Facebook is at risk of losing accreditation that gives advertisers confidence to invest in the social network


By CAPosts 04 May, 2020 - 05:02pm 1987 views

The social network is back in the magnifying glass because of trust issues (Photo: Johanna Geron/ Reuters)

Facebook is at risk of losing a prestigious assessment that credits it to advertisers ver invest to post on the social network, as the company never responded to the concerns generated by an audit that pointed out its concern about the measurement and performance of the ads.

Thus revealed a letter obtained by the Wall Street Journal of the Media Rating Council (MRC), a respected non-profit organization that is responsible for measuring, valuing and establishing levels of trust in the media.

In the missive, the organization warned Mark Zuckerberg's company that could deny it the "seal of approval" because of deficiencies in how it reports the effectiveness of the advertising it sells to others, i.e. that there are doubts about whether advertisers are properly receiving the service they hired.

Mark Zuckerberg's company has 60 days to respond to MRC concerns (Photo: Erin Scott/ Reuters)

"The Committee feels confident that Facebook's lack of detailed responses and action plans over the next 60 days will lead them to take negative action. This feedback should be considered a strong message to Facebook," says the letter obtained by the US newspaper.

This accreditation, issued by the Media Rating Council, is one of the main credentials that companies like Facebook have to attract investor confidence in ads, one of the components that brings the most money to the social network.

Losing this "quality certificate" in have no formal consequences, but it could have a significant impact on how brands and companies that come to Facebook to advertise reasignan your money on that social network for the future.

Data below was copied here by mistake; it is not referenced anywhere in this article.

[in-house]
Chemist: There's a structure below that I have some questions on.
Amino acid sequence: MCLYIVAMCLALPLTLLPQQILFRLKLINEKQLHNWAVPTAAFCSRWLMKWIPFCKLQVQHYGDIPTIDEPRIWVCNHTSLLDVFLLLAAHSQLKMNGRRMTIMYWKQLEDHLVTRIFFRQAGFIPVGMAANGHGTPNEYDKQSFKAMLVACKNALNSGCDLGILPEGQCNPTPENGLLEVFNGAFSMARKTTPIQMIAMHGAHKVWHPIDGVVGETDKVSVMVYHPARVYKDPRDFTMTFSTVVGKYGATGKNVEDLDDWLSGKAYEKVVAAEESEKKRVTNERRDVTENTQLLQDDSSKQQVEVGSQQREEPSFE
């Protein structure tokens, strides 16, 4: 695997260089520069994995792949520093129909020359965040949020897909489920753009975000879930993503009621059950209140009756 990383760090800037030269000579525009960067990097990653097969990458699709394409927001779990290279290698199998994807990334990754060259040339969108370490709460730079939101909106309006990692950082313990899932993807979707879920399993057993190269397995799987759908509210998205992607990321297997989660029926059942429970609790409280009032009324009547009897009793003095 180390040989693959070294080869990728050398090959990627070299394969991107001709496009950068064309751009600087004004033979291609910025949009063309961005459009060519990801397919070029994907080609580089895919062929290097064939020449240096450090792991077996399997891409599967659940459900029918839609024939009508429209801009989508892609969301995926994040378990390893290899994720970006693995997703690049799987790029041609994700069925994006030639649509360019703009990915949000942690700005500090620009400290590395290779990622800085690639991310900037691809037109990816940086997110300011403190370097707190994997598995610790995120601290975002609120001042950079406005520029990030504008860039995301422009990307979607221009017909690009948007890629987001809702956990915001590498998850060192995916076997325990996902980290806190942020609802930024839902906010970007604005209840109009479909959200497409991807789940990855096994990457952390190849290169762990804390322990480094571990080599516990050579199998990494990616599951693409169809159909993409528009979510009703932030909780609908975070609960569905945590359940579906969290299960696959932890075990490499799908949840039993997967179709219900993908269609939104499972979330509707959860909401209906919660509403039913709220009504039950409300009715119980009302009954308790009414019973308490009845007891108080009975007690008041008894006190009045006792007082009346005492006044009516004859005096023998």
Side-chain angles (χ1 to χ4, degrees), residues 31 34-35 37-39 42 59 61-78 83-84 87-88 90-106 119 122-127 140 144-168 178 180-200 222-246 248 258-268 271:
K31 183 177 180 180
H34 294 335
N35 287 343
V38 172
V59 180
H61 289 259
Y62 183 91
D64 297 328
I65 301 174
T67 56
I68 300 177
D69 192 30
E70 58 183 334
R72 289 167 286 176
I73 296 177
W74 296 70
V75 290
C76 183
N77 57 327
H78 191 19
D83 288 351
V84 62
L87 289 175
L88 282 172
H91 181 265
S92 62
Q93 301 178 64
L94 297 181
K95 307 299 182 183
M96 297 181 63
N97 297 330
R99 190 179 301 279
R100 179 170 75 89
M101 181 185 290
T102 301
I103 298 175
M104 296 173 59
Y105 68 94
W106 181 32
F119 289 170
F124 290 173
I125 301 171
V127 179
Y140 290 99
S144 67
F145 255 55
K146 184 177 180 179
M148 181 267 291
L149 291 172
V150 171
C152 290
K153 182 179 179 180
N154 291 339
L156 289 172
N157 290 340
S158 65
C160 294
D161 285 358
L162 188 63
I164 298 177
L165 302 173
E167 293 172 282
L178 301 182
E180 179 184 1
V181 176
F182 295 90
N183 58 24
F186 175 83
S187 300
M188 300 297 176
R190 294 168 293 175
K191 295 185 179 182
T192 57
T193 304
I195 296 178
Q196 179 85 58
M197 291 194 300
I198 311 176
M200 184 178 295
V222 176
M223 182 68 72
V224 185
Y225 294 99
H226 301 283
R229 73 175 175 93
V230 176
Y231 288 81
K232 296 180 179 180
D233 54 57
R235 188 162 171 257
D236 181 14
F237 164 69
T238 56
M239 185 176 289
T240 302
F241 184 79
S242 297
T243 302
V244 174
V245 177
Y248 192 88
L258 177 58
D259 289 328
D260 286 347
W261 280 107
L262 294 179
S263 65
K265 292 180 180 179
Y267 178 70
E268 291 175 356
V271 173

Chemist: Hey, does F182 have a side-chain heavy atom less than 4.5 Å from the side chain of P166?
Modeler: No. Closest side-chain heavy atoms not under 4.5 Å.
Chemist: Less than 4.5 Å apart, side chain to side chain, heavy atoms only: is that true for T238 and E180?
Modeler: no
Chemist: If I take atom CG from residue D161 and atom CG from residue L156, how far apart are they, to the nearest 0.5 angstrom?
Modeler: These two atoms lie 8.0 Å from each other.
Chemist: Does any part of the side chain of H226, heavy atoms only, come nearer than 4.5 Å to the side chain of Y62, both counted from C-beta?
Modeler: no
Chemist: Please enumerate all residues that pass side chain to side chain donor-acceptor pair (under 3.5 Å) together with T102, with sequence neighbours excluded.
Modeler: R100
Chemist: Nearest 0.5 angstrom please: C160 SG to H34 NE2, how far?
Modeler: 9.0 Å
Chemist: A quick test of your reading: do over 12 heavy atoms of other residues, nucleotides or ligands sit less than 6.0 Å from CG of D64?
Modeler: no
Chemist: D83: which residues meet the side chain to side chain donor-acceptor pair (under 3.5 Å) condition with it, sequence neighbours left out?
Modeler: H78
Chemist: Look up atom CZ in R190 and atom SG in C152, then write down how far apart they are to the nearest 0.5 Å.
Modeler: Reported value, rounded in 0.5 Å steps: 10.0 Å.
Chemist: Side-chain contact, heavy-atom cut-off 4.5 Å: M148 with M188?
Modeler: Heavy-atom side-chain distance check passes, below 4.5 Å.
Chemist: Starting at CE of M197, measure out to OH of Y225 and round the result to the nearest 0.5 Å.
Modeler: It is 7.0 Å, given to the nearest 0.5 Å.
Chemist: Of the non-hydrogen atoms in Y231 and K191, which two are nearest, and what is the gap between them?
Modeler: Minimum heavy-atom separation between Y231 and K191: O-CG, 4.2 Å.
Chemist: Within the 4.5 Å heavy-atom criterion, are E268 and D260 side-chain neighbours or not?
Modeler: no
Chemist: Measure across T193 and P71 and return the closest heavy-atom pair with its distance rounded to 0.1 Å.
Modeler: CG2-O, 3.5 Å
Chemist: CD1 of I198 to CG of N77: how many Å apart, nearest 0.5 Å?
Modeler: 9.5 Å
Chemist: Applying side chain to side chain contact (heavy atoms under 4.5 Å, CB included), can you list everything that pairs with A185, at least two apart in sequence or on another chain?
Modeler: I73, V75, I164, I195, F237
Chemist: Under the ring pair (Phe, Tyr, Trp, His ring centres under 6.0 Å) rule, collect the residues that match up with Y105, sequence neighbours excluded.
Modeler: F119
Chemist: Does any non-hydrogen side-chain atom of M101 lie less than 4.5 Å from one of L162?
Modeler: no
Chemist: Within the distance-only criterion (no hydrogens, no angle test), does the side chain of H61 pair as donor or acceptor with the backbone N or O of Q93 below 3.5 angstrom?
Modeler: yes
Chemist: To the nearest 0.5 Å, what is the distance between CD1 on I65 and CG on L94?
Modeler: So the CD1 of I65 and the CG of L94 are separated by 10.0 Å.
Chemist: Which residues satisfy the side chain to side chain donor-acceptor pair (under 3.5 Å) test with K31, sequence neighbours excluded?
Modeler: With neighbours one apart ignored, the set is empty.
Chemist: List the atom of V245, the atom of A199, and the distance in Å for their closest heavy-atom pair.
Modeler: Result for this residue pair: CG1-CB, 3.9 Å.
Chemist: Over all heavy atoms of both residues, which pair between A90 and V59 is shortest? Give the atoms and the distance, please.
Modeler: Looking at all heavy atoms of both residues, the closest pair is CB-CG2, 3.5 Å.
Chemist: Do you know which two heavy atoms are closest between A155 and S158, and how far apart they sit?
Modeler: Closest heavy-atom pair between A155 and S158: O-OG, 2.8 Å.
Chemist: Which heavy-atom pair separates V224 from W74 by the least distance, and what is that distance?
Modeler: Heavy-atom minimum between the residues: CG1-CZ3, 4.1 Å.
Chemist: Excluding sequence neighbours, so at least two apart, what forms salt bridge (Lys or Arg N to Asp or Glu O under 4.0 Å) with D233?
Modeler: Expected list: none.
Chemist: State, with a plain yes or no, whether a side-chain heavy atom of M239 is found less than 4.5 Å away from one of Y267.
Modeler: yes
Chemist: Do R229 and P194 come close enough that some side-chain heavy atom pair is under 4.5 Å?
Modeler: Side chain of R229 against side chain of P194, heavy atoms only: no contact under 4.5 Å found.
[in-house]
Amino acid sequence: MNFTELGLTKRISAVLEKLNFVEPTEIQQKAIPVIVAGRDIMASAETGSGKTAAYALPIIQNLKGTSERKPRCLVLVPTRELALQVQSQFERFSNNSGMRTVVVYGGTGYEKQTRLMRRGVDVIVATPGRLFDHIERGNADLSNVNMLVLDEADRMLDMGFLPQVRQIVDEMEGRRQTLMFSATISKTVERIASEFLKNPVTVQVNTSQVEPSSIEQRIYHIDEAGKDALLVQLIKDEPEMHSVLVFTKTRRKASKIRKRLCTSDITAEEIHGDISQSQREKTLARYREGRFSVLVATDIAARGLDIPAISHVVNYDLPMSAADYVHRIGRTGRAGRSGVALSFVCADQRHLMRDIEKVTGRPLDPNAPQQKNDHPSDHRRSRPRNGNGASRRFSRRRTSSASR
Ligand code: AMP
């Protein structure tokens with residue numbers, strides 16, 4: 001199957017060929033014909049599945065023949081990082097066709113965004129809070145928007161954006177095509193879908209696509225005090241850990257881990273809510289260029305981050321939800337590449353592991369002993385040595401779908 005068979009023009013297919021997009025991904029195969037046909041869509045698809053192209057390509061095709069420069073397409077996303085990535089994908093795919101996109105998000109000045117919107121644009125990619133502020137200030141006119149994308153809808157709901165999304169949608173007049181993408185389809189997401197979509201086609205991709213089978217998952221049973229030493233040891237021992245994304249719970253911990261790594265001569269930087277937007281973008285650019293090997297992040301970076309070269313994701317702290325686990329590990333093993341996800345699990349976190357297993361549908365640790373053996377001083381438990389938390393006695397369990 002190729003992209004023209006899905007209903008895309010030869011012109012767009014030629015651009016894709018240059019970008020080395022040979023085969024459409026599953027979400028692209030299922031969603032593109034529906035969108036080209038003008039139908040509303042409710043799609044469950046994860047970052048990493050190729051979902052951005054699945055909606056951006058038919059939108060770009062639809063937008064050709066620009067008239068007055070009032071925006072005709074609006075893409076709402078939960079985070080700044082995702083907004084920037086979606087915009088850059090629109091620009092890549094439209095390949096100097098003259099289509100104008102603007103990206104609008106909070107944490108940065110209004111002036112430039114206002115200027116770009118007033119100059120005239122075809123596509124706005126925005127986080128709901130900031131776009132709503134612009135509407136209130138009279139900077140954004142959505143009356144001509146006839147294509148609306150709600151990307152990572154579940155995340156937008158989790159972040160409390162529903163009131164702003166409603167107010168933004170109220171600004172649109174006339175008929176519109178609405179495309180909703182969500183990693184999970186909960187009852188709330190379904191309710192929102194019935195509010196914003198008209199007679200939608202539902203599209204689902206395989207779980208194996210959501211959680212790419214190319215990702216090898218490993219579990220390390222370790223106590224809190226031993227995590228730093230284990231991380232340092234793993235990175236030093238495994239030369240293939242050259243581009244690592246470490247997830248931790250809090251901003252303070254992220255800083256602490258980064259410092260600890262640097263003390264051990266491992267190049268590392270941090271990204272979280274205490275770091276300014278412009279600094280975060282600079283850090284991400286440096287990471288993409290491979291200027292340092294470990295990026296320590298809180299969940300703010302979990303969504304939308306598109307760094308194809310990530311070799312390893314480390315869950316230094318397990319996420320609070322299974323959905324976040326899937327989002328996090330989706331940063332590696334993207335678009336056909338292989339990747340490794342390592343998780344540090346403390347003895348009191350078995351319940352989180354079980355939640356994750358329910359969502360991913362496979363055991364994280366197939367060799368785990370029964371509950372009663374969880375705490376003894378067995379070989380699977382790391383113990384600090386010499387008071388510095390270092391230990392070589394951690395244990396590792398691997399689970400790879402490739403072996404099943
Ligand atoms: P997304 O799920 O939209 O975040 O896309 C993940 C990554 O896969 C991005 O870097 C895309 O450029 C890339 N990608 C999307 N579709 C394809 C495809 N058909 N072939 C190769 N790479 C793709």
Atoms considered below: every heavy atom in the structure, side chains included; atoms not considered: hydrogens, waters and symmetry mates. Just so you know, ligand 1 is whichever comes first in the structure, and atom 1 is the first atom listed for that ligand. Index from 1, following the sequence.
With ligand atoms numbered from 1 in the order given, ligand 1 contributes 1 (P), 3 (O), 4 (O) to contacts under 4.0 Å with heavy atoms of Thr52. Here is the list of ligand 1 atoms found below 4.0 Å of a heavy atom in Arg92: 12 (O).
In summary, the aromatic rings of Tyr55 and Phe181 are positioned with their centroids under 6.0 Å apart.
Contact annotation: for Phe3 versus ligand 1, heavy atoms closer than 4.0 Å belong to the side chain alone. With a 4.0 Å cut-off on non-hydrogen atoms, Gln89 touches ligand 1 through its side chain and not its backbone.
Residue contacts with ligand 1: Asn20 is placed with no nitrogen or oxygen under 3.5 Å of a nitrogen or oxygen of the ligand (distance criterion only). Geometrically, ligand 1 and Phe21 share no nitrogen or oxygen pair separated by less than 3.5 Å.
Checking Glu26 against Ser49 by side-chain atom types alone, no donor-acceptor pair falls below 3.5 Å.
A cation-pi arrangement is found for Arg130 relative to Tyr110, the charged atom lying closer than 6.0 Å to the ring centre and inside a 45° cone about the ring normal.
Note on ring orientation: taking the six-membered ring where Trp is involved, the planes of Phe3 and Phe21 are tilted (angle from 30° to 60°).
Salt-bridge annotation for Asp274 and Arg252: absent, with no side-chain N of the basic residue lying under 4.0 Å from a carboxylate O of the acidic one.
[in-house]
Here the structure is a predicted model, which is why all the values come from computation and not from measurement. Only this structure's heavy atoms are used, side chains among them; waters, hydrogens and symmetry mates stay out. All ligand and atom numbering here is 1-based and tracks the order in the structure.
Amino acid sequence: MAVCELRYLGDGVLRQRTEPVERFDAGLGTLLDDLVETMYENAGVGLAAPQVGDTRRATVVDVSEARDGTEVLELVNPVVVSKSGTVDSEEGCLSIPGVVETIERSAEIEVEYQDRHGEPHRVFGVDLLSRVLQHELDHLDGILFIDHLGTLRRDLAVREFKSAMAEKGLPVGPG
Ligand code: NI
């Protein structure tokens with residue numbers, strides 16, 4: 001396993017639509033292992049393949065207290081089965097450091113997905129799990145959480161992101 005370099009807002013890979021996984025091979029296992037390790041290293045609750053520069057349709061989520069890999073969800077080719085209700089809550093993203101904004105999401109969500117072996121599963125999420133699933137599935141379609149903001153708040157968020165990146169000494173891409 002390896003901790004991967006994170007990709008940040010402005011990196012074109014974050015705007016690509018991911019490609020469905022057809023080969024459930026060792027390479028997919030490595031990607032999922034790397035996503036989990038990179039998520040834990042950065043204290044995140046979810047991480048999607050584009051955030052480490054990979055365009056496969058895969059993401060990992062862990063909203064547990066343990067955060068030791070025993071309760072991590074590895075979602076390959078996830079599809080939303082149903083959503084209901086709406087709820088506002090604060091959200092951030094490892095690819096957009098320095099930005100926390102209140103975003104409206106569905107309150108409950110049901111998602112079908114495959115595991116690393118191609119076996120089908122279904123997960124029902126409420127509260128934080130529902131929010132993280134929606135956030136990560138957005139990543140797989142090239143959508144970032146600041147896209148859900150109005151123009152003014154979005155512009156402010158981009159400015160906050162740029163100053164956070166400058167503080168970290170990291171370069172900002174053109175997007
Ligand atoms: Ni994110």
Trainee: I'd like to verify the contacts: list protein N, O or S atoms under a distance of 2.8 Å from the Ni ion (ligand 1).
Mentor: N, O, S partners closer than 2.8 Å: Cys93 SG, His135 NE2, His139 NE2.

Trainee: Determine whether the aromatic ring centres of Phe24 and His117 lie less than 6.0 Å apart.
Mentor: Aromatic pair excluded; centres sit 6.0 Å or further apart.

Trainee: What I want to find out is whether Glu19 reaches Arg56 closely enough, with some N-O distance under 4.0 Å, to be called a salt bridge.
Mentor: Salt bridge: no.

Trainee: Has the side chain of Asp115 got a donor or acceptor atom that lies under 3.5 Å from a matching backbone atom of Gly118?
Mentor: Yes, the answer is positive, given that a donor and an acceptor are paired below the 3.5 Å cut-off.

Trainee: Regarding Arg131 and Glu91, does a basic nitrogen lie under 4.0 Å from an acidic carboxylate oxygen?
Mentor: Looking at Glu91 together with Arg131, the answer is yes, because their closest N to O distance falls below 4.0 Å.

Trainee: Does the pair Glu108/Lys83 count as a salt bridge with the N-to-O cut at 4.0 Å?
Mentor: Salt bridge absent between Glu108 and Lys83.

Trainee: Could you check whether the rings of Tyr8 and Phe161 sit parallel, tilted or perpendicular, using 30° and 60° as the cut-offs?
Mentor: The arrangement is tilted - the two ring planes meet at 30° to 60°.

The impact of losing this accreditation would be to the confidence of advertisers, who seek certainty in investing their money (Photo: Reuters)

In the first quarter of 2020, the social network amassed about $17 billion in ad revenue. For this reason, Facebook was "disappointed" that the letter had been made public. "We will continue to work with him on that accreditation, as we have done since 2016, they announced.

In addition, the Media Rating Council's letter restood the tensions between the world's largest social network, and advertisers desperately seeking to verify that the billions of dollars they invest in Facebook platforms are performing they expect.

In its warning letter, the MRC noted that Facebook has not addressed the concerns of advertisers arising from Ernst & Young's audit in 2019, in particular on how it reports and measures video ad data.

The company's shares are under the magnifying glass (Photo: Loic Venance/ AFP)

"We need these reviews to be completed. We need to know if these measures can be trusted," he said to Wall Street Journal an advertising industry executive. According to the CRF, the audit is still in an "intermediate phase".

This audit process began after it was revealed in 2016 that Facebook had oversized view statistics in its videos for more than two years. The error inflated the figures even above 80%, according to the social network, which created unprecedented pressure for the review of their internal processes.

The company committed to the MRC to give you access to the data needed to evaluate its standards each year. However, the letter revealed that in 2018, the Board maintained its accreditation, but did not award additional quality seals to Facebook.

Among the organization's main concerns is that the social network has failed to properly separate statistics for video ads and static ads, which prevents advertisers from making meaningful comparisons.

The company has not separated the measurement of video ads and fixed ads, which has caused problems to measure their impact (Photo: AP)

In addition, the MRC wants Facebook to disclose its efforts to monitor fake accounts on the platform and information about ad impressions that these "invalid accounts" also add to the statistics.

Finally, The Council seeks an explanation to understand why Facebook requested Ernst & Young to suspend its audit indefinitely. The company noted that continuing with it during the coronavirus epidemic that has impacted the United States and the world made it difficult to manage its own platform.

If Facebook doesn't respond to the CRF in the next two months, not only lose certification for video ads, but could be extended to the category of graphic ads already awarded to it to the social network.


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